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YK1 School Board Briefs
Hunting for teachers

Katherine Hudson
Northern News Services
Published Friday, February 11, 2011

SOMBA K'E/YELLOWKNIFE - There have been several staff resignations at Yk Education District No. 1, meaning the board might have to look south to fill some of the spaces.

"We've had a few resignations which means we may have to go out of town for recruitment," said board trustee Blake Lyons during the financial report Wednesday night.

So far, seven teachers have resigned, two of which were already on a leave from last year. Four of the teachers taught at the high school level while three taught classes between Kindergarten and Grade 8.

According to the superintendent's notes, Jean-Martie Mariez, supervisor of instruction for French programs, is currently interviewing down south for French immersion teachers.

Enrolment up

The student numbers are up for the coming academic year.

In superintendent Metro Huculak's draft enrolment predictions, there will be approximately 1,800 students in the district next year as well as between 75 and 100 Route 51 students for around 1,900 students in total. There are 1,867 students enrolled this year.

"We're hoping to hit that target. It depends how many people move out of Yellowknife. If we get very little movement out then it's looking very positive for us," said Huculak.

Tram Do, director of corporate services, said with the increased enrolment, the board's market share is anticipated to increase.

"With the increase in the market share versus the other school boards, it's just a natural progression that we will have that higher proportion of city taxes coming to us and less to the other schools," she said.

The ratio of taxes coming to Yk1 will increase by about 1.11 per cent.

Aboriginal students head to national leadership event

Two students from Grade 11 or 12 will be heading to Ottawa at the end of the month as part of an Aboriginal Youth Leaders and International Career Perspectives event put on by the Department of Foreign Affairs and International Trade Canada.

"We are invited to send two students who will be representing the NWT," said superintendent Metro Huculak.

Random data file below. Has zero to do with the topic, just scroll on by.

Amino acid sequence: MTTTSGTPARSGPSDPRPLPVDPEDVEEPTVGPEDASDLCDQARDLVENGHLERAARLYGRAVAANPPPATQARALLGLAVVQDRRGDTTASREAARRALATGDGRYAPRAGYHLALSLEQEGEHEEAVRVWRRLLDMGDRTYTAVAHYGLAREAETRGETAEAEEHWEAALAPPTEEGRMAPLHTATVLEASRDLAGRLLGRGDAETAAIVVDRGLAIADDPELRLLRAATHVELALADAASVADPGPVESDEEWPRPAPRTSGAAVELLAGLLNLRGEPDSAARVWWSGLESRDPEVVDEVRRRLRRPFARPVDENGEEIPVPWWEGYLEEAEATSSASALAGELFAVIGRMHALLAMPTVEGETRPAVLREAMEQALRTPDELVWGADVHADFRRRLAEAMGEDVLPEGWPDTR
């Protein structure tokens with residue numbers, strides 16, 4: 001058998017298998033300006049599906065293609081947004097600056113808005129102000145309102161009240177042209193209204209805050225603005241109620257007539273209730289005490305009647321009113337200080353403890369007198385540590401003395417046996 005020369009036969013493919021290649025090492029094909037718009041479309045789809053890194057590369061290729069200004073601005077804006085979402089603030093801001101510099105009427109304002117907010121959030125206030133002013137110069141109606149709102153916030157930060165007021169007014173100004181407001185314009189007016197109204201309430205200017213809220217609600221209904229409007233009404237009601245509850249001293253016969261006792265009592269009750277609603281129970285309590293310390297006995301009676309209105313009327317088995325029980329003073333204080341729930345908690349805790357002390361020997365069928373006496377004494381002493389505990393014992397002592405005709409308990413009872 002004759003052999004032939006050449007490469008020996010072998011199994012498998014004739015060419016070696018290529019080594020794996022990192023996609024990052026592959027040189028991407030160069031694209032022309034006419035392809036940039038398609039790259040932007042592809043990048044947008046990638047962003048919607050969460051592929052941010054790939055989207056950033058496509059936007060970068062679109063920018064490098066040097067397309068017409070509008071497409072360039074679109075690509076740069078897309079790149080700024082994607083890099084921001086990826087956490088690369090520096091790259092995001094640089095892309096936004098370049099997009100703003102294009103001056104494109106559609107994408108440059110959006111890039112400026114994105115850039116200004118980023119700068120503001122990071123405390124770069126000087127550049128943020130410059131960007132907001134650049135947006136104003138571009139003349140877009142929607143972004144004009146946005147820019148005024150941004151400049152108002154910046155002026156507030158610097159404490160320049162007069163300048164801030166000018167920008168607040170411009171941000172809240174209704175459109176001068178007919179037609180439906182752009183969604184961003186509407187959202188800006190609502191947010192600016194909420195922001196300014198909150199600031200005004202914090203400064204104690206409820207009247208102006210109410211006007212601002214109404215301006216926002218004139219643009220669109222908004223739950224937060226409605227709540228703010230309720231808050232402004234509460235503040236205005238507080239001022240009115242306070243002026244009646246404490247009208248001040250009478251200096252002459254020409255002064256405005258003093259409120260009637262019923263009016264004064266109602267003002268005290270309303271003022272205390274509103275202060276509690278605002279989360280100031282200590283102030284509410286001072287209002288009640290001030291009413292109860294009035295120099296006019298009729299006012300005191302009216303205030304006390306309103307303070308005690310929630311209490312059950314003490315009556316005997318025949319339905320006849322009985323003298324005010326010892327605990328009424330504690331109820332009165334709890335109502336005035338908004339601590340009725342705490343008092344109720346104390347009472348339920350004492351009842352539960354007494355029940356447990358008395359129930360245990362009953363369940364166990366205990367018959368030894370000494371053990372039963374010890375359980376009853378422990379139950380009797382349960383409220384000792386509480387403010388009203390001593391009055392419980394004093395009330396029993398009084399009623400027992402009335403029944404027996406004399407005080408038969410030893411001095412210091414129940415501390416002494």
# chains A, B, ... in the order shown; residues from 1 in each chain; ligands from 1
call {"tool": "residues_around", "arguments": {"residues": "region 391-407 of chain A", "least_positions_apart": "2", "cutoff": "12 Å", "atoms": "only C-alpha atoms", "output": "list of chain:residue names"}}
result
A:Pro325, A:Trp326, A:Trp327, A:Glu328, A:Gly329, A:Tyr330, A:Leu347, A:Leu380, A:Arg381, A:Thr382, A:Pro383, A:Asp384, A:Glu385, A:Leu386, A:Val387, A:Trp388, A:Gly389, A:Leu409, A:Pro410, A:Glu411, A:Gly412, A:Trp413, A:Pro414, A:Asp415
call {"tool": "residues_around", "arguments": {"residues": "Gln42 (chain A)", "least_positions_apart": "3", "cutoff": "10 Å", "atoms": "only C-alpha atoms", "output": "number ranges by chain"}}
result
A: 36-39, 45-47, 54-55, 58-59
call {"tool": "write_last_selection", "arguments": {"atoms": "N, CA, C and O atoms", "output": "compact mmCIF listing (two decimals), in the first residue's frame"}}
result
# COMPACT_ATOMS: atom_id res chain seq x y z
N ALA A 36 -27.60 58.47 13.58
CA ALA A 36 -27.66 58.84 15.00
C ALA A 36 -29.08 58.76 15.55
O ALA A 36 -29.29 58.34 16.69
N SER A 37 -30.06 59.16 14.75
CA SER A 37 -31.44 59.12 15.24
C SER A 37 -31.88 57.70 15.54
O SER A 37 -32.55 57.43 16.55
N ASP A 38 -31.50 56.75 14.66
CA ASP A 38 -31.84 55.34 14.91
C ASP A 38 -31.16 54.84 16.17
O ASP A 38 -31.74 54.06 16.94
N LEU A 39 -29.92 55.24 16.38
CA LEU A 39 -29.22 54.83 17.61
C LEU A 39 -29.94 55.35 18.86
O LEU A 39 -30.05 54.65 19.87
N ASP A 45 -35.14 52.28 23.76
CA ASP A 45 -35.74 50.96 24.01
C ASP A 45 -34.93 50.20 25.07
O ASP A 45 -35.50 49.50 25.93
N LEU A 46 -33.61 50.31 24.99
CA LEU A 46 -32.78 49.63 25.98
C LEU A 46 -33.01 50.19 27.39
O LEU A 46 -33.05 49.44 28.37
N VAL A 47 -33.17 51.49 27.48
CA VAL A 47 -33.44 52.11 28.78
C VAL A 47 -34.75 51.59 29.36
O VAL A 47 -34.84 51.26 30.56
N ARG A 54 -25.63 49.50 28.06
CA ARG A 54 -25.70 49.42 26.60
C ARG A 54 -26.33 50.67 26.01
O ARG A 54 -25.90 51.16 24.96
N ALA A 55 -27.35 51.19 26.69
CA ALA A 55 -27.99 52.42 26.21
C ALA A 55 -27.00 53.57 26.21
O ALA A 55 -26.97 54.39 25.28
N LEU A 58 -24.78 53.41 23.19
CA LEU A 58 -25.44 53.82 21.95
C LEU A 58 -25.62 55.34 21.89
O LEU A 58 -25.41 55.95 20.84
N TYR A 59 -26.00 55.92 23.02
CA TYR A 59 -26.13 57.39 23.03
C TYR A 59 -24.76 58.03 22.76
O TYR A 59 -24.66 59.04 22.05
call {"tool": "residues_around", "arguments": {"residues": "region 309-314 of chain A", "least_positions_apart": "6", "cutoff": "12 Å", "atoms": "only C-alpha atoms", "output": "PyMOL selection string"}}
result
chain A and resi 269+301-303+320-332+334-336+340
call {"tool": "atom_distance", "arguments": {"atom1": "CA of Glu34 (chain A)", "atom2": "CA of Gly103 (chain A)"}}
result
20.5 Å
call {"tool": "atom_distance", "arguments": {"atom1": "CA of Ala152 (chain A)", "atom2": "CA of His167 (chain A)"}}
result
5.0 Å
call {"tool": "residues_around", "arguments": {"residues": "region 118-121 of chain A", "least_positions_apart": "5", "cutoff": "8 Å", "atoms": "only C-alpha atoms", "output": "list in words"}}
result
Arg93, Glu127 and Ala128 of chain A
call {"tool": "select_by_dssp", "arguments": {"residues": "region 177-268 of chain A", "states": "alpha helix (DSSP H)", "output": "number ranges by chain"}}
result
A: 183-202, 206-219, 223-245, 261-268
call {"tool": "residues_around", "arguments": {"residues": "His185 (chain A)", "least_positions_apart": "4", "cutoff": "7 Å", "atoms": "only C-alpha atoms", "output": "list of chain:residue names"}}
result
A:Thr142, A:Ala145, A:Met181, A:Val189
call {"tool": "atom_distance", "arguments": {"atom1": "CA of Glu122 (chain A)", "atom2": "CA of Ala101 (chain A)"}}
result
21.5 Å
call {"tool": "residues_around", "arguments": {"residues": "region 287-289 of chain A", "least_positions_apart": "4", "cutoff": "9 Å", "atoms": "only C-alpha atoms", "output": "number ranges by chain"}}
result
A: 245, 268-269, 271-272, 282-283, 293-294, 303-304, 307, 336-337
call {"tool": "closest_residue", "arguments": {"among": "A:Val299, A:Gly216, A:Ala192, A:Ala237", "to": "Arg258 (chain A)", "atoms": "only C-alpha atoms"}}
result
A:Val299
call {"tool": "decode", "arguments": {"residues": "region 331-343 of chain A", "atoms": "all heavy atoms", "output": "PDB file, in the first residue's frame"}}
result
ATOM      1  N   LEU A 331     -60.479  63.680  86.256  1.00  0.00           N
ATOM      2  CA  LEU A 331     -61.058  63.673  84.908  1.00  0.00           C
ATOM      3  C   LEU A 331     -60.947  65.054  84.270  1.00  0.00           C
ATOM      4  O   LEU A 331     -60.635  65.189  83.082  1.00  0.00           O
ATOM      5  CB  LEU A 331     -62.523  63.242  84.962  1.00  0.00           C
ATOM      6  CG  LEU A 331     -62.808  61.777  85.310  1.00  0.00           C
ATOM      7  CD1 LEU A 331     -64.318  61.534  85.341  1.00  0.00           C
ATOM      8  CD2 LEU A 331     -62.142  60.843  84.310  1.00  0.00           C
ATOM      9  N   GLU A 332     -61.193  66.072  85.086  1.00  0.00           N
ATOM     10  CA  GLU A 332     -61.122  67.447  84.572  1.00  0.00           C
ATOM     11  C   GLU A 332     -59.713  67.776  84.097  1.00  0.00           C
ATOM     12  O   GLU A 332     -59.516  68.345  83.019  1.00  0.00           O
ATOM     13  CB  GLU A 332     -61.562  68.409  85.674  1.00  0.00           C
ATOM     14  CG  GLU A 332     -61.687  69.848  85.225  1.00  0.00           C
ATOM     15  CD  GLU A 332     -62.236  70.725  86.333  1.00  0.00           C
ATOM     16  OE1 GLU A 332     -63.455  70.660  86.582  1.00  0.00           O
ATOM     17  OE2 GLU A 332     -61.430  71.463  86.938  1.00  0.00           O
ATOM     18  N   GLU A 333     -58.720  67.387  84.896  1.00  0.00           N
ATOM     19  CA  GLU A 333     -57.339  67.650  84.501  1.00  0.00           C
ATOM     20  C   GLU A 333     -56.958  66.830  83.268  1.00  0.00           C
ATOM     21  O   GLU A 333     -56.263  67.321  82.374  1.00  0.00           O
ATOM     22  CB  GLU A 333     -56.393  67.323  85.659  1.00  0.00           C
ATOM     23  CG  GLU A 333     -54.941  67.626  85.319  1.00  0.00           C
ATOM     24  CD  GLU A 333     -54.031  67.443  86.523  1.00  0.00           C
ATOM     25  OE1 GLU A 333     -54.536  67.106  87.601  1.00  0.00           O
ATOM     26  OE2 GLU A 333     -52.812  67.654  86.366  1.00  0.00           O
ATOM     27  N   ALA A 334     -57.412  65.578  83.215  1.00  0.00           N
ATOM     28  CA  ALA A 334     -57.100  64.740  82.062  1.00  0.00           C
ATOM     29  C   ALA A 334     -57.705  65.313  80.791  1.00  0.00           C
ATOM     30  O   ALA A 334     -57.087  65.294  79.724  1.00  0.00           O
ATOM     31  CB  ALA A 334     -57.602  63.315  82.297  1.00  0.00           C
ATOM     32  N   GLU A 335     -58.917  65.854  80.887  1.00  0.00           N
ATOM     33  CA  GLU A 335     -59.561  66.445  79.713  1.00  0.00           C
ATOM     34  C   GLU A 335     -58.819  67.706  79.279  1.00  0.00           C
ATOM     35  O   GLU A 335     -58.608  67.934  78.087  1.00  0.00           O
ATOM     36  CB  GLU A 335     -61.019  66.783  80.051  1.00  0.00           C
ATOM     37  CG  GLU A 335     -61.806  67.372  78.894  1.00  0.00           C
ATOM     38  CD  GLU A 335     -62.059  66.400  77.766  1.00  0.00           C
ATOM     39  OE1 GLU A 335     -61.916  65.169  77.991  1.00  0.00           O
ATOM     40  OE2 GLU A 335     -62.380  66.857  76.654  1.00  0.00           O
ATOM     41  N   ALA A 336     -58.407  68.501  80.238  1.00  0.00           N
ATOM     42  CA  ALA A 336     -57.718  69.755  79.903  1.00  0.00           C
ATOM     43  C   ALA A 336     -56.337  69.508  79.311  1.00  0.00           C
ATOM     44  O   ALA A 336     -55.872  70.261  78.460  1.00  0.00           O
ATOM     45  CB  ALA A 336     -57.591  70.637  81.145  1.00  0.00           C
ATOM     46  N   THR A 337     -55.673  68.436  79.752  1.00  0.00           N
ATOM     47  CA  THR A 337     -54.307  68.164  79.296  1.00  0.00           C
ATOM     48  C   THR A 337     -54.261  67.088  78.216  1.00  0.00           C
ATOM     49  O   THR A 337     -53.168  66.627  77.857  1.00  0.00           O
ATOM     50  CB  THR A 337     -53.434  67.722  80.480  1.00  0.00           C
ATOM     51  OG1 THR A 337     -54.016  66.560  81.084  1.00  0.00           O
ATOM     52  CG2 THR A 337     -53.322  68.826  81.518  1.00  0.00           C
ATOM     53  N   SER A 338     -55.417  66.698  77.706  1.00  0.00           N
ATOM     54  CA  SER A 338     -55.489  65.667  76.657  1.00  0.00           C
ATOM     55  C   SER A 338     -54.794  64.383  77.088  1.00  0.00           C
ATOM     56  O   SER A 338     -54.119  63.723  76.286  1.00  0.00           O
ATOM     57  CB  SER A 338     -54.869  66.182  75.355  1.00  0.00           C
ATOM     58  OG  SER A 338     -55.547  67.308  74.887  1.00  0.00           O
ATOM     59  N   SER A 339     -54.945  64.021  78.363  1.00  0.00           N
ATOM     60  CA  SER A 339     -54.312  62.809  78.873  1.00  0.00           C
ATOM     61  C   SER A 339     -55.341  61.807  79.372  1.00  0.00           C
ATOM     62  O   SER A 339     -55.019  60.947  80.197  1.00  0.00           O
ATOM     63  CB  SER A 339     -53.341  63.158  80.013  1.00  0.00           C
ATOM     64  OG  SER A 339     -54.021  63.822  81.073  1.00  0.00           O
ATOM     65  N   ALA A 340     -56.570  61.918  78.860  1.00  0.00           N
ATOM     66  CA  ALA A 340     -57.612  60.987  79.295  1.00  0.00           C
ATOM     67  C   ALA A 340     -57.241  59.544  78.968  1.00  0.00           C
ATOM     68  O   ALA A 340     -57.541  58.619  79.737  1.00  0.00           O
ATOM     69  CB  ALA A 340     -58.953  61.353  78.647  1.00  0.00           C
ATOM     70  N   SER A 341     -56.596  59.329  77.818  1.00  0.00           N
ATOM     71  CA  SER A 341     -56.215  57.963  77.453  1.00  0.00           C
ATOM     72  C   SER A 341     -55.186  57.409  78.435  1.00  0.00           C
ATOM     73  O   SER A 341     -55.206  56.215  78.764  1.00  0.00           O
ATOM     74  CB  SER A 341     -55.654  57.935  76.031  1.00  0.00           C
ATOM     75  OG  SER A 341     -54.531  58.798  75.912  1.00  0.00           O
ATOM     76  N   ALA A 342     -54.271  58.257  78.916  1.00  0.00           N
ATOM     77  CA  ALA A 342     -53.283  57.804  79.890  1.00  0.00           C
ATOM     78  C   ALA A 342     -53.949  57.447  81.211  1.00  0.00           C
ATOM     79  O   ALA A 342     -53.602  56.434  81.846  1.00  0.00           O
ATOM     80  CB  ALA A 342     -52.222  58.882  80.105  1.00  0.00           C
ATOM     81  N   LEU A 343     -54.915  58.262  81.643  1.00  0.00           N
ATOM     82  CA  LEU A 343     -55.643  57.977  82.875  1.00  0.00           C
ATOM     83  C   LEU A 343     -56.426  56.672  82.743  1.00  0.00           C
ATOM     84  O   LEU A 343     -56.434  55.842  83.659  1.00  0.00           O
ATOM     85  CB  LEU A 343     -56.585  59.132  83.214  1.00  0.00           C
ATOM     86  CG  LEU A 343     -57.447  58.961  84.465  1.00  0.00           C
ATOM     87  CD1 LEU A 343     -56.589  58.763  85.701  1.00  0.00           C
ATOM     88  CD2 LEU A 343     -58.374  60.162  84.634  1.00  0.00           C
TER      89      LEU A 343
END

The two-day event is set up for high-school aged aboriginal youth leaders from Northern Canada.

According to the invitation to the event sent to Huculak, the event is organized to help students and student counsellors learn more about the range of career opportunities with the Department of Foreign Affairs and International Trade Canada in Ottawa, in regional offices across the country and around the world.

The invitation states the event also allows the department to learn more about what can be done to attract greater numbers of aboriginal students to the department.

Camp Akaitcho going back to roots

After two years of being run somewhat like an aboriginal language and cultured-based education program (ALC), co-ordinator Jeff Seabrook said he was trying to get Camp Akaitcho back to its roots as its own independent operation, he told the board meeting.

"It's designed as a leadership opportunity based on a middle school philosophy," said Seabrook.

He said the camp falls under the umbrella of the ALC program with its content but made it clear it is not part of the ALC program.

"The camp ran differently (over the past two years) and it was not as successful and that has been found through discussion with the administrators, students and teachers that ran the camp. It was never meant to be run as an ALC program. We do have some differences in philosophy, differences on how it should be run," he said.

Preparation for the camp as well as the camp experience runs from January to March.

This year, Seabrook said the camp is made up of 20 Grade 8 students, when usually only 16 are chosen to participate.

The camp is run by William McDonald Middle School. Since its beginning in 2002, the camp has acquired more than $350,000 in funds and in-kind material and equipment for its operation.

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